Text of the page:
Health coaching can motivate big changes

Katie Starr
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MUN study looking for volunteers

Heather Pitcher

With January half over, it can be easy to conveniently forget about those pesky New Year's resolutions. But if you still want to get - or stay - healthy, a health coach could be just the motivation you're looking for.

Like a traditional coach, health coaches focus on goal setting, identifying issues, motivating and building strong personal support systems.

"A coach, historically, was something that transported someone from one place to another," said Heather Pitcher, a certified health coach and registered nurse. "And that's what health coaching is, a journey in changing perspective."

Pitcher is involved in a study being conducted by the Primary Healthcare Research Unit at Memorial University that looks at the role health coaching has on preventing and delaying disease, particularly diabetes and high blood pressure.

There isn't much research on the potential impact of health coaching, Pitcher said.

But the personalized approach could bring significant results for patients, or clients, as they're called by health coaches.

"It's very much a partnership, but the clients definitely dictate the approach," Pitcher explained. "It's individualized, a reflective process that examines their world view."

Health coaching is meant to complement traditional medical treatment by a doctor and is not counselling or therapy, Pitcher said.

"There can be limited time for conversations with doctors and nurses."

That's where health coaches come in. They meet with clients one-on-one, figure out goals and develop a plan for achieving them. Sessions can be held in person or over the phone, depending on what works best for the client's schedule and needs.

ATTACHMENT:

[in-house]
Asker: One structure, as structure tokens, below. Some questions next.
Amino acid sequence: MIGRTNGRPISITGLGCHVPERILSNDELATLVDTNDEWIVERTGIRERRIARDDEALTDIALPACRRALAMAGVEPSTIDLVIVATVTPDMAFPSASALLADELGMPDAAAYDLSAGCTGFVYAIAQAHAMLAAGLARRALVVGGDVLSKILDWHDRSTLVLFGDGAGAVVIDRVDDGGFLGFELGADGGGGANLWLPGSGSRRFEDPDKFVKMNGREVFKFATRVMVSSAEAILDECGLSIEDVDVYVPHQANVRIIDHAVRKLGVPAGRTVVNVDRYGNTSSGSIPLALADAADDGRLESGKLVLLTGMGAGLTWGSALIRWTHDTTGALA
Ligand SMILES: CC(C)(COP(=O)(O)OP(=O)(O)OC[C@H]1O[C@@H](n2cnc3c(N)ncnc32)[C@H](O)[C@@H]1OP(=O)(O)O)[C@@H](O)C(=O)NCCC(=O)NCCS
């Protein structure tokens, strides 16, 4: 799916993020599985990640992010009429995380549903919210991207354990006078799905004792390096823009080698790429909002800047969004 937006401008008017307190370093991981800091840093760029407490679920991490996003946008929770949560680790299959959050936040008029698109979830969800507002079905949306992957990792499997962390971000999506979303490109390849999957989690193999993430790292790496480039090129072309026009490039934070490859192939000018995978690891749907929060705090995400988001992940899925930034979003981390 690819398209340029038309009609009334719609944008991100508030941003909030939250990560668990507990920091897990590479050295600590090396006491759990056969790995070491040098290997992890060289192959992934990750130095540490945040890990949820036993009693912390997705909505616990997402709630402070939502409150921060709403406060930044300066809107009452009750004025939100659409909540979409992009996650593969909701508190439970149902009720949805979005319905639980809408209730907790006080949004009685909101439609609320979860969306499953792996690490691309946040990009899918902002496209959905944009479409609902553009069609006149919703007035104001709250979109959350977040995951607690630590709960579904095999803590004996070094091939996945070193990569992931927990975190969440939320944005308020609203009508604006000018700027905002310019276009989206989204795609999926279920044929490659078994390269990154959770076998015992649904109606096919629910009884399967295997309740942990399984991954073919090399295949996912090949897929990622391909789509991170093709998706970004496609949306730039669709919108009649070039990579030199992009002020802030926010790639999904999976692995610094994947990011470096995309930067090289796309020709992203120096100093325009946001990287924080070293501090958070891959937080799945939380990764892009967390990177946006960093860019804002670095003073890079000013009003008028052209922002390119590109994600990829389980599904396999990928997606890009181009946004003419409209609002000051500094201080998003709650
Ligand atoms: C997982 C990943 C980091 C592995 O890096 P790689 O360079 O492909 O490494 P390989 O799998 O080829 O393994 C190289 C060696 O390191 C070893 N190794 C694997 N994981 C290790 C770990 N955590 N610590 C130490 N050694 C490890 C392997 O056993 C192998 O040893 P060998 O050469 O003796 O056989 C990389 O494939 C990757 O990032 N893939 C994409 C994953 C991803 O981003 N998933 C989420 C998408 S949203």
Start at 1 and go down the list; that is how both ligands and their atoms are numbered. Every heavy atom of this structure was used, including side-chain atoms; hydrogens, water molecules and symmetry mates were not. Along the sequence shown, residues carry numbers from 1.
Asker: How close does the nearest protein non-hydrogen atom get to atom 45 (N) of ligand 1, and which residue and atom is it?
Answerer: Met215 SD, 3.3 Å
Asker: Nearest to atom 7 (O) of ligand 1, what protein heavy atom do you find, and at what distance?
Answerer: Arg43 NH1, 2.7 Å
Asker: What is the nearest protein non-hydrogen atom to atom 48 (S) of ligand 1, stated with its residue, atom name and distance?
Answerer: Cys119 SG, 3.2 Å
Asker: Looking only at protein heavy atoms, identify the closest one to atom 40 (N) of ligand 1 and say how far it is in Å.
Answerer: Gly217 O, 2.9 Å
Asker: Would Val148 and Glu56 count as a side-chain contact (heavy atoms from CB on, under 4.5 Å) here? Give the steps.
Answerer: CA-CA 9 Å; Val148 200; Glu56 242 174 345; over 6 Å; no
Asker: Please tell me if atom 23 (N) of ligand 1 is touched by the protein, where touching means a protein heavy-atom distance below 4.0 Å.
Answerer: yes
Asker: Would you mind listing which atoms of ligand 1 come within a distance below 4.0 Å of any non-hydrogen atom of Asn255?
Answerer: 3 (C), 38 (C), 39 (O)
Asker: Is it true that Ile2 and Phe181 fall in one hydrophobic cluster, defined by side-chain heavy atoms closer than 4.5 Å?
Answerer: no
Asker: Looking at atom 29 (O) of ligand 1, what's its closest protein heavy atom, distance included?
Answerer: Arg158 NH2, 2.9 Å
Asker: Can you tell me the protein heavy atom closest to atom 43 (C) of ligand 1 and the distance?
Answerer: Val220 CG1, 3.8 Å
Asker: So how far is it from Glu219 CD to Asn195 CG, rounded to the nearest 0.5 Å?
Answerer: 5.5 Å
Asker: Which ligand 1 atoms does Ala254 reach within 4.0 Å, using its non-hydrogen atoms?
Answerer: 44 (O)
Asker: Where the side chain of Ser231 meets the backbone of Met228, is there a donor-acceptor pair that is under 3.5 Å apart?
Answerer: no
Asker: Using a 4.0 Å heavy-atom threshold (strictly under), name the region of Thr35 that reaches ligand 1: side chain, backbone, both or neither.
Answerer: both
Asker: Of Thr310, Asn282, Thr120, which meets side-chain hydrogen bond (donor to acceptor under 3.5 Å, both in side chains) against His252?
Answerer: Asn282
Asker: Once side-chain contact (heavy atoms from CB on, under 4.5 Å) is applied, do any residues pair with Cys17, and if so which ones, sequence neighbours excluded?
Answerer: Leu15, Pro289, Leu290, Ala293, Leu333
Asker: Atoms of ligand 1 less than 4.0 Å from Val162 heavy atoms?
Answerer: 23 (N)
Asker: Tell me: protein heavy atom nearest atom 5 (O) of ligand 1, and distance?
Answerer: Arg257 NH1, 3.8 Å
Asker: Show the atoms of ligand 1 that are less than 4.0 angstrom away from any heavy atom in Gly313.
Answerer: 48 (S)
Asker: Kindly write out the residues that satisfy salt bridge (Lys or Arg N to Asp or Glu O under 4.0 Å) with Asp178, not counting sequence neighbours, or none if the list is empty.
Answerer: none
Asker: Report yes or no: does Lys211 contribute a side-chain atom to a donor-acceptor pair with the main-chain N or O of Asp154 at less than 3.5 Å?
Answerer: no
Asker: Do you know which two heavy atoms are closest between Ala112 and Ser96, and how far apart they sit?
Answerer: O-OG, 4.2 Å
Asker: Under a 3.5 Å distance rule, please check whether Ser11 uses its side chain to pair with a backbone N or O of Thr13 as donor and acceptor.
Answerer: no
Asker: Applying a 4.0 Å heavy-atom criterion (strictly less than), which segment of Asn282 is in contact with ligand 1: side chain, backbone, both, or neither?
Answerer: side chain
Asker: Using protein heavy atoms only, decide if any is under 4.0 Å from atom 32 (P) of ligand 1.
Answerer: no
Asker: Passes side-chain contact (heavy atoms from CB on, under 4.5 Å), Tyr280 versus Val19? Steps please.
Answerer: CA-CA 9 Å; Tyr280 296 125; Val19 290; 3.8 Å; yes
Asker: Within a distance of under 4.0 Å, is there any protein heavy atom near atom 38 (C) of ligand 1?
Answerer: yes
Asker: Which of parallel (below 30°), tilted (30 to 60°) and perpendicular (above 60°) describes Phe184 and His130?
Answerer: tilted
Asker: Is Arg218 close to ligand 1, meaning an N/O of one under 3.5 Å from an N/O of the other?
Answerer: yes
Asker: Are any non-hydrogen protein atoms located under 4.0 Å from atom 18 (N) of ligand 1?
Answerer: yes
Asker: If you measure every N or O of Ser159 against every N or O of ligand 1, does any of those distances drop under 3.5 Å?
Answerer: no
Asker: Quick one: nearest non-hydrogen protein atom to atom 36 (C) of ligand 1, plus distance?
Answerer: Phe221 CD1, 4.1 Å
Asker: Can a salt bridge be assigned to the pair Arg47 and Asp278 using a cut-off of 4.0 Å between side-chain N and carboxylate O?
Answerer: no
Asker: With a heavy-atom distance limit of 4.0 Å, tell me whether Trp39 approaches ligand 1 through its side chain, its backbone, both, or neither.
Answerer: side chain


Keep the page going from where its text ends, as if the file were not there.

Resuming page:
"It really is a partnering with a caring individual," Pitcher said.

So, what happens in a health coaching session?

While Pitcher stressed a case-by-case approach, a recent article in Time magazine described a possible scenario where a health coach helps break down performance and identifies specific areas for improvement.

For example, if a client was struggling with food portion control because his or her growing teens are coming back to the dinner table for seconds and thirds and it can be tempting to join in, a health coach might help the client figure out various approaches to the problem, according to the article.

Or someone with a family history of diabetes might work with a health coach to come up with strategies for prevention tailored specifically to the client's personality, goals and learning style.

"The traditional method was always to administer and prescribe," said Pitcher. "When we 'know' how to do something we usually stop looking for another way."

Health coaching is a new approach that holds promise in helping treat diabetes and cardiovascular disease, Pitcher said.

Newfoundland and Labrador has the highest prevalence of diabetes in the country, with 6.5 per cent of the population diagnosed, according to Public Health Agency of Canada's latest report on diabetes.

Rates of heart disease in eastern and northern Newfoundland are more than 50 per cent above the national average.

The MUN study is looking for people who are at risk of developing diabetes or high blood pressure, and/or are overweight, Pitcher said.

To qualify, participants must be between 40 and 60 years old, not have a current diagnosis of diabetes or high blood pressure, be pre-diabetic and/or pre-hypertensive (screening is performed in the MUN clinic) and/or be overweight with a body mass index (BMI) of more than 30.

The study is a randomized control trial, which means participants will be randomly divided into two groups, Pitcher said.

One group receives usual care by their doctor and the other group receives usual care by their doctor in addition to health coaching by Pitcher.

Participants in the group that receives health coaching will have two group meetings and four individual health coaching sessions over six months. Telephone coaching is available as well, and there is a final followup of the study after one year, Pitcher said. The overall time commitment would be about 15 hours, she said.

The study is looking for 200 volunteers. Contact Heather Pitcher at 709-777-6225 or email heather.pitcher@mun.med.ca.

kstarr@thetelegram.com

Organizations: Primary Healthcare Research Unit, Time magazine, Public Health Agency of Canada BMI

Geographic location: Newfoundland and Labrador, Northern Newfoundland

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